The White House lashed out at China on Saturday after the country's aviation authority sent letters to several major airlines scolding them for referring to Taiwan as a country.
"This is Orwellian nonsense and part of a growing trend by the Chinese Communist Party to impose its political views on American citizens and private companies," White House press secretary Sarah Huckabee Sanders said in a statement.
Sanders also vowed that "China’s efforts to export its censorship and political correctness to Americans and the rest of the free world will be resisted."
"The United States strongly objects to China’s attempts to compel private firms to use specific language of a political nature in their publicly available content," she said.
The reprimand from the White House came after the Civil Aviation Administration of China (CAAC) sent warnings to three dozen foreign airlines admonishing them for how Taiwan, Macau and Hong Kong are referred to on their websites.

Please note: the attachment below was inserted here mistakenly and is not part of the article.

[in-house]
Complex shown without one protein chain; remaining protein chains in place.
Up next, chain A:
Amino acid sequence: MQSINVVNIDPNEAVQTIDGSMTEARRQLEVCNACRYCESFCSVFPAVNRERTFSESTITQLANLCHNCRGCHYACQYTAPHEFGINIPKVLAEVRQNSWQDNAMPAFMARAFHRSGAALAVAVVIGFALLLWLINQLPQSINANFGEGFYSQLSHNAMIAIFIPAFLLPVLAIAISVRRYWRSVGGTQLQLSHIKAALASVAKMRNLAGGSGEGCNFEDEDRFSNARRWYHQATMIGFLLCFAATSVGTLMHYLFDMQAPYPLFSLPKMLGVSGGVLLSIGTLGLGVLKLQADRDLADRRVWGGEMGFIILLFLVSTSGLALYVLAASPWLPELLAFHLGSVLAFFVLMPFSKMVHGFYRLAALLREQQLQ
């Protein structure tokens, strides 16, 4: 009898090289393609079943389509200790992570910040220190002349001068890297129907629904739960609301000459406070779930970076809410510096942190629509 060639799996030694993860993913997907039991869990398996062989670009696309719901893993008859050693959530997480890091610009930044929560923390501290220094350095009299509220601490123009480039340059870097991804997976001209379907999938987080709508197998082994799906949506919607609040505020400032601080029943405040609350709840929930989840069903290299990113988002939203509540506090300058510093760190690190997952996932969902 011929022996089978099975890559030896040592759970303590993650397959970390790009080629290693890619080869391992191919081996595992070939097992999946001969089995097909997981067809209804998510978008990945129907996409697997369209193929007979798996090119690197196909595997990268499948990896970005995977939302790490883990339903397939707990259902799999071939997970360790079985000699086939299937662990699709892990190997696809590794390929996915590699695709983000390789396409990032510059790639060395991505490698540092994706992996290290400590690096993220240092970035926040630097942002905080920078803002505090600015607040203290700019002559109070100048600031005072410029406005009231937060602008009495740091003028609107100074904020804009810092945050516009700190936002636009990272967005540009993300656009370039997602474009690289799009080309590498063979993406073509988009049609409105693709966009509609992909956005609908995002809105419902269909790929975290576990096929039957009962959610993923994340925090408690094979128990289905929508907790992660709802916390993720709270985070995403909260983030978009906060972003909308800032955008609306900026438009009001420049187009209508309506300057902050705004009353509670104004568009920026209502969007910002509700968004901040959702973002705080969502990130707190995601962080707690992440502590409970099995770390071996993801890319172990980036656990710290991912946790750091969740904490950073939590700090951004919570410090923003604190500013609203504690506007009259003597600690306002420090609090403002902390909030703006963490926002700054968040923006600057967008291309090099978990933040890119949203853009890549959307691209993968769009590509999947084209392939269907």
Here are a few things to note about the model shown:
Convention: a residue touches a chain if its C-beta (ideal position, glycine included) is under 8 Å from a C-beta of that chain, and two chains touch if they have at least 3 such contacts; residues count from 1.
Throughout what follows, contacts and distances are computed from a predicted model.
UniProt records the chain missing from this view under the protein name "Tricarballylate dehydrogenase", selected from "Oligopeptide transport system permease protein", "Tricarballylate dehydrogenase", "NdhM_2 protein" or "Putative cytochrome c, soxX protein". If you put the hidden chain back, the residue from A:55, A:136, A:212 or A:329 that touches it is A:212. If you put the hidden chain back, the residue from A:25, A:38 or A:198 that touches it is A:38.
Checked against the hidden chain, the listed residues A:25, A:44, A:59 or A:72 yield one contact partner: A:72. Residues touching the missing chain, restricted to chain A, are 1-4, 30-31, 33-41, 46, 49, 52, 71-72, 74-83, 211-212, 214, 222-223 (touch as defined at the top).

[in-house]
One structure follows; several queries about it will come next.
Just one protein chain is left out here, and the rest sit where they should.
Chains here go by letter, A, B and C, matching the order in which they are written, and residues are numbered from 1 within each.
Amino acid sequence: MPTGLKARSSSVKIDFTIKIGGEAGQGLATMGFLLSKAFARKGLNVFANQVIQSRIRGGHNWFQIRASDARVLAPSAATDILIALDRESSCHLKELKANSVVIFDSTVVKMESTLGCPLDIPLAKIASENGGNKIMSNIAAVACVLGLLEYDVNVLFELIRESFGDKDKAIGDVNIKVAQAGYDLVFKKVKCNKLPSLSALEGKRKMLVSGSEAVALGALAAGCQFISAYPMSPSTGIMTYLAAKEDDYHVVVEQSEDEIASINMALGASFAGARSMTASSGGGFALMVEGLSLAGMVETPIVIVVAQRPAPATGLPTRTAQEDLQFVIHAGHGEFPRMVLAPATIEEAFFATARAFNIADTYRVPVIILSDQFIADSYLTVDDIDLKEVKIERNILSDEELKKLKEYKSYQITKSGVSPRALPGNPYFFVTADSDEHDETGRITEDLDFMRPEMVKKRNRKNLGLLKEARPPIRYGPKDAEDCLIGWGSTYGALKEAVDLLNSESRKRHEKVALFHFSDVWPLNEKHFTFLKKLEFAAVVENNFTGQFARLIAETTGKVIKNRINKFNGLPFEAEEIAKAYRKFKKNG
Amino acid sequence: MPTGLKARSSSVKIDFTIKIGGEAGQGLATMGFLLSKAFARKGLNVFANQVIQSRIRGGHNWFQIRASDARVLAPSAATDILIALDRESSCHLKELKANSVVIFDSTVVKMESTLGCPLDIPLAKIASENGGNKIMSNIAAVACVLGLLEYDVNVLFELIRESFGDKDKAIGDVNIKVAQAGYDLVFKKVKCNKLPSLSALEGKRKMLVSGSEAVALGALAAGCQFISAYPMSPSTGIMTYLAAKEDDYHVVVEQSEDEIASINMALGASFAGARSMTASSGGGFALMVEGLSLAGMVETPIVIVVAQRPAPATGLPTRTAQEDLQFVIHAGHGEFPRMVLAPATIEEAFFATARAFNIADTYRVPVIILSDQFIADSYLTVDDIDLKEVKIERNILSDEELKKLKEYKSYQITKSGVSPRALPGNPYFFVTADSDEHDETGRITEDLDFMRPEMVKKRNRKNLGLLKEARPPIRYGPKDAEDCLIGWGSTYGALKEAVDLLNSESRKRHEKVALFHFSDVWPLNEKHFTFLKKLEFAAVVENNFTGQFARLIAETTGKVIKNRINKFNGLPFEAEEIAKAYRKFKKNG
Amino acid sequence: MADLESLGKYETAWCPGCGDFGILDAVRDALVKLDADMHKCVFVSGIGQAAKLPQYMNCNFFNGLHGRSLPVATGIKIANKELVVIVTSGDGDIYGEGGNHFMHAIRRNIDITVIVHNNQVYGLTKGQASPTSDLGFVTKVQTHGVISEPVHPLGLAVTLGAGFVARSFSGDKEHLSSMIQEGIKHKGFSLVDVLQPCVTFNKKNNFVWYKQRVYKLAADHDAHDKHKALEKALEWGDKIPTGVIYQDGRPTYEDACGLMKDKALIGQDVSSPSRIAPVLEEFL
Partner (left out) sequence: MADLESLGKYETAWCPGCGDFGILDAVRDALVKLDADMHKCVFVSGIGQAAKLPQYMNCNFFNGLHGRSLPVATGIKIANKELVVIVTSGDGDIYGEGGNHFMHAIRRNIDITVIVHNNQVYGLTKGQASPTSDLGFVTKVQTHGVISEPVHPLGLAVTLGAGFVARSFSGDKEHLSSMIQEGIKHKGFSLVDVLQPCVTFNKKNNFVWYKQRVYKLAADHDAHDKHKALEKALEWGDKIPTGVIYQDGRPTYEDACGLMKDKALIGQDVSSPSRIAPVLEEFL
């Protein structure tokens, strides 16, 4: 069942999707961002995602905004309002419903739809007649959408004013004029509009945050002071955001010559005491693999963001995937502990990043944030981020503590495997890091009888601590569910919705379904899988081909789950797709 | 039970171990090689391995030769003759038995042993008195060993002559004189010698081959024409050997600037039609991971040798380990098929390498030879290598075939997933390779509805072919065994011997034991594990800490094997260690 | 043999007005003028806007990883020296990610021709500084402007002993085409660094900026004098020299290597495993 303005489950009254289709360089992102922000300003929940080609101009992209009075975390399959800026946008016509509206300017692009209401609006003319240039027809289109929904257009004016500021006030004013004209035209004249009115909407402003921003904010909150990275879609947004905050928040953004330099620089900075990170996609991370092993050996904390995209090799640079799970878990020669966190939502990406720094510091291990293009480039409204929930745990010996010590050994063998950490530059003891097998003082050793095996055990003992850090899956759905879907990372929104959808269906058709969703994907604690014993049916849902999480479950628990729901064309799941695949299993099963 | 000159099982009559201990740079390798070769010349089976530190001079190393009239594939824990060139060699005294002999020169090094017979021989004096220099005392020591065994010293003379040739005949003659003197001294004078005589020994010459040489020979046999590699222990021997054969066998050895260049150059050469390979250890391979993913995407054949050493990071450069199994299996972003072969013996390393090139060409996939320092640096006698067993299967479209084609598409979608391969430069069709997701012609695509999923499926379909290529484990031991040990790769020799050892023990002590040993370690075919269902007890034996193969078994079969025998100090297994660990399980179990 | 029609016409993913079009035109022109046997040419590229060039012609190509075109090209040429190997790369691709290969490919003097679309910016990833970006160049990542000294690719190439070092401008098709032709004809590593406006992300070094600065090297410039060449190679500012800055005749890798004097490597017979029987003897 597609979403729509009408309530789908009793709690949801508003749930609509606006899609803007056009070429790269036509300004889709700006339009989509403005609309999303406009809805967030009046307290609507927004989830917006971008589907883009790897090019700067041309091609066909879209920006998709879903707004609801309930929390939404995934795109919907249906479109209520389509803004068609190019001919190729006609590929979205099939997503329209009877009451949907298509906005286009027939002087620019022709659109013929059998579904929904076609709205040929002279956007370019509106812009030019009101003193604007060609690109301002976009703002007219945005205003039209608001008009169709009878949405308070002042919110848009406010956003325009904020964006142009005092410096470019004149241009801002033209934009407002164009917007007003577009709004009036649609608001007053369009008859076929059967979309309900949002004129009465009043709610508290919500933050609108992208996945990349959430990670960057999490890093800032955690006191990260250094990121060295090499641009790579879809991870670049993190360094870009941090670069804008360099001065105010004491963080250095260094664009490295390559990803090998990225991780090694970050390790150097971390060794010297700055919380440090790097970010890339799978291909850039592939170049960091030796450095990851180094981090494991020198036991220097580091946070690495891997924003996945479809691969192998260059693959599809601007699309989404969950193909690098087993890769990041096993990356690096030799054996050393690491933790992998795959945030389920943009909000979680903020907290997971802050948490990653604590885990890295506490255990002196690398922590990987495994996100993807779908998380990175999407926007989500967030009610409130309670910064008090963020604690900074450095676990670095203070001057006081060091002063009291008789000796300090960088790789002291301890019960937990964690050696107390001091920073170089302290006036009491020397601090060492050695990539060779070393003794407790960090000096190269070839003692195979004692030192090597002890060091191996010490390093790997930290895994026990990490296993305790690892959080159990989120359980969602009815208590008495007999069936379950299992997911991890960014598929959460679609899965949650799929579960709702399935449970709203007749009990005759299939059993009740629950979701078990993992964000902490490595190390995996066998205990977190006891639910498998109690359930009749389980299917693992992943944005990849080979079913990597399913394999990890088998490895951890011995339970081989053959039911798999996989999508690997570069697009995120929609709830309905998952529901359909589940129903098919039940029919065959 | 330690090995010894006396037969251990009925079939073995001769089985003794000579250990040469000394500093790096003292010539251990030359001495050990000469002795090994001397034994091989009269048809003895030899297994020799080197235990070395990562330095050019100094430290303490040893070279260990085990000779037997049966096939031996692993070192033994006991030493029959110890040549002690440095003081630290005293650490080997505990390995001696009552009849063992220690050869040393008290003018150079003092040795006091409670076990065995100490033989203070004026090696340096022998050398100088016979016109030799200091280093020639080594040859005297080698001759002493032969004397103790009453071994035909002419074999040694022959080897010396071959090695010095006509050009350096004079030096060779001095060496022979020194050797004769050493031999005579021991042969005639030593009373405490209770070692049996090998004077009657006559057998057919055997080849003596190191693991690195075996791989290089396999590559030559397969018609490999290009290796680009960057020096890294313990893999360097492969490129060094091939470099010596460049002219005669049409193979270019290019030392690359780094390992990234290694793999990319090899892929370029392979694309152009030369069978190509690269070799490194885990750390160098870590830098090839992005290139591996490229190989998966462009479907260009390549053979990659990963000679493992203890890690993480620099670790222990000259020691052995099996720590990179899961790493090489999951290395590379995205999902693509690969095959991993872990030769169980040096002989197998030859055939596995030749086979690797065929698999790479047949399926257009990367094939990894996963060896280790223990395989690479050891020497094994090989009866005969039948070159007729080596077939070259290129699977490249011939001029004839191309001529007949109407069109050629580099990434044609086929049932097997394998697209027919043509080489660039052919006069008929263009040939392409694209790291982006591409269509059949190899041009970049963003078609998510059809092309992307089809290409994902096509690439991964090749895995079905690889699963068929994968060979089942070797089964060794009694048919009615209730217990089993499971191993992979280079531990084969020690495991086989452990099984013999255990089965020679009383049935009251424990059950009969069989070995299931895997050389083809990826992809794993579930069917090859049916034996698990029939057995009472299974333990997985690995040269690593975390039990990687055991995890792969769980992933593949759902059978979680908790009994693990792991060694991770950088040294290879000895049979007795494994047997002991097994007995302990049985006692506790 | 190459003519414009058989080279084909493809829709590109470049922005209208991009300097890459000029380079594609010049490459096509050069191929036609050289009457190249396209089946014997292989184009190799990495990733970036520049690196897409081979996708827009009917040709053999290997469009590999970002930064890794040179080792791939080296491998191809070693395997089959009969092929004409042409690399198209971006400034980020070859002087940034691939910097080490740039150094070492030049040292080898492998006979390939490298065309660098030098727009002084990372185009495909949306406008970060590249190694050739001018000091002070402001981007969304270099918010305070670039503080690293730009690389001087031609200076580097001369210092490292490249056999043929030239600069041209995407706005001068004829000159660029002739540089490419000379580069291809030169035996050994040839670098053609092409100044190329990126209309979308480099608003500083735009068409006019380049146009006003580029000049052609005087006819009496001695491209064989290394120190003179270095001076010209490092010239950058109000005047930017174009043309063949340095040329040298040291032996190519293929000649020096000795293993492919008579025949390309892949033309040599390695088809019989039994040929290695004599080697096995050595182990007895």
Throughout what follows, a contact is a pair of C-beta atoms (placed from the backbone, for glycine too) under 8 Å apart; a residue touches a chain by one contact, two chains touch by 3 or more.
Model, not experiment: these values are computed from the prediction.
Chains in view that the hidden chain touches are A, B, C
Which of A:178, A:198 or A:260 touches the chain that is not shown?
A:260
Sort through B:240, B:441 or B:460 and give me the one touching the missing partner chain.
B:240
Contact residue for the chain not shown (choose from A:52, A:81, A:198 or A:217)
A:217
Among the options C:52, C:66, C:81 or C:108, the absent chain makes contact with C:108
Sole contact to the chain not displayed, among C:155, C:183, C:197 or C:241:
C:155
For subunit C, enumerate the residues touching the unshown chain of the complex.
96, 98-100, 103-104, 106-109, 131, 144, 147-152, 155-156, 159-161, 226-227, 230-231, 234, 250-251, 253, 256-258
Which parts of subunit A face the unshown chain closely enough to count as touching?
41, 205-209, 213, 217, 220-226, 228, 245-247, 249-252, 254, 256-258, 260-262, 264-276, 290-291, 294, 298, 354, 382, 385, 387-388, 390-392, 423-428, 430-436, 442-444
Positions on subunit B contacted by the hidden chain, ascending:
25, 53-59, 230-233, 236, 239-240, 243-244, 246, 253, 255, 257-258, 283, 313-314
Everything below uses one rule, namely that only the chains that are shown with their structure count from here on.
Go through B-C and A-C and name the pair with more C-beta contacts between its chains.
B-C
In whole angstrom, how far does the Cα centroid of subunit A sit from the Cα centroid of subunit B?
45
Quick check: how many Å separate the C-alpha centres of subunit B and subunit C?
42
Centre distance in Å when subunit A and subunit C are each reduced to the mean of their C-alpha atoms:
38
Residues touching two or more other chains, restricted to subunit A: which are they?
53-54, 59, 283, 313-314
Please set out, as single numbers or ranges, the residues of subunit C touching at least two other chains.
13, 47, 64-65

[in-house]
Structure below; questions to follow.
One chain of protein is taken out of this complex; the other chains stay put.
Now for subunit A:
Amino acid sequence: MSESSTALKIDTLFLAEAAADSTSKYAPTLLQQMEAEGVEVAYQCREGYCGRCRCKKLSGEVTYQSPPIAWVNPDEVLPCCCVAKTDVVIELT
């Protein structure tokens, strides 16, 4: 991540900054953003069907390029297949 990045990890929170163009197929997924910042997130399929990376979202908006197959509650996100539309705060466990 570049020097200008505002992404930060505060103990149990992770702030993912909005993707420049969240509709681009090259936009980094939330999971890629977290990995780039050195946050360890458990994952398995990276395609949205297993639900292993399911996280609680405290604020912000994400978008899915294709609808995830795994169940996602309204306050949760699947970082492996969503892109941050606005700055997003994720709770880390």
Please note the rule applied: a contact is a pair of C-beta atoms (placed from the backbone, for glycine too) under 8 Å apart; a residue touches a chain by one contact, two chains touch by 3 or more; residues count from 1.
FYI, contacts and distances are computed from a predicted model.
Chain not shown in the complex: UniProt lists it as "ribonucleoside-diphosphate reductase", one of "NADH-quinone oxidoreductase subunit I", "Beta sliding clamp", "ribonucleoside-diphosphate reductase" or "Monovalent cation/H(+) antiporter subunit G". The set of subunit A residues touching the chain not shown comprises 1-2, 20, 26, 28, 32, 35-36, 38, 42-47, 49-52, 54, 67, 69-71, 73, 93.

Taiwan, which sees itself as a sovereign state with its own government, is considered by China as a rogue province and an inseparable part of its territory.
Hong Kong and Macau are special administrative regions of China, and have a certain level of autonomy from Beijing.
Among the airlines targeted by China's warnings were American and United, whose websites listed Taiwan on its own, without any reference to China, according to a report by Foreign Policy.
The Australian airline Qantas also received a letter, because its website lists Taiwan, Hong Kong and Macau as countries, The Sydney Morning Herald reported.
Earlier this year, the CAAC publicly rebuked Delta because it had listed Taiwan and Tibet as separate countries. Tibet is also considered by Beijing to be an autonomous region of China, though international tensions remain over its political status.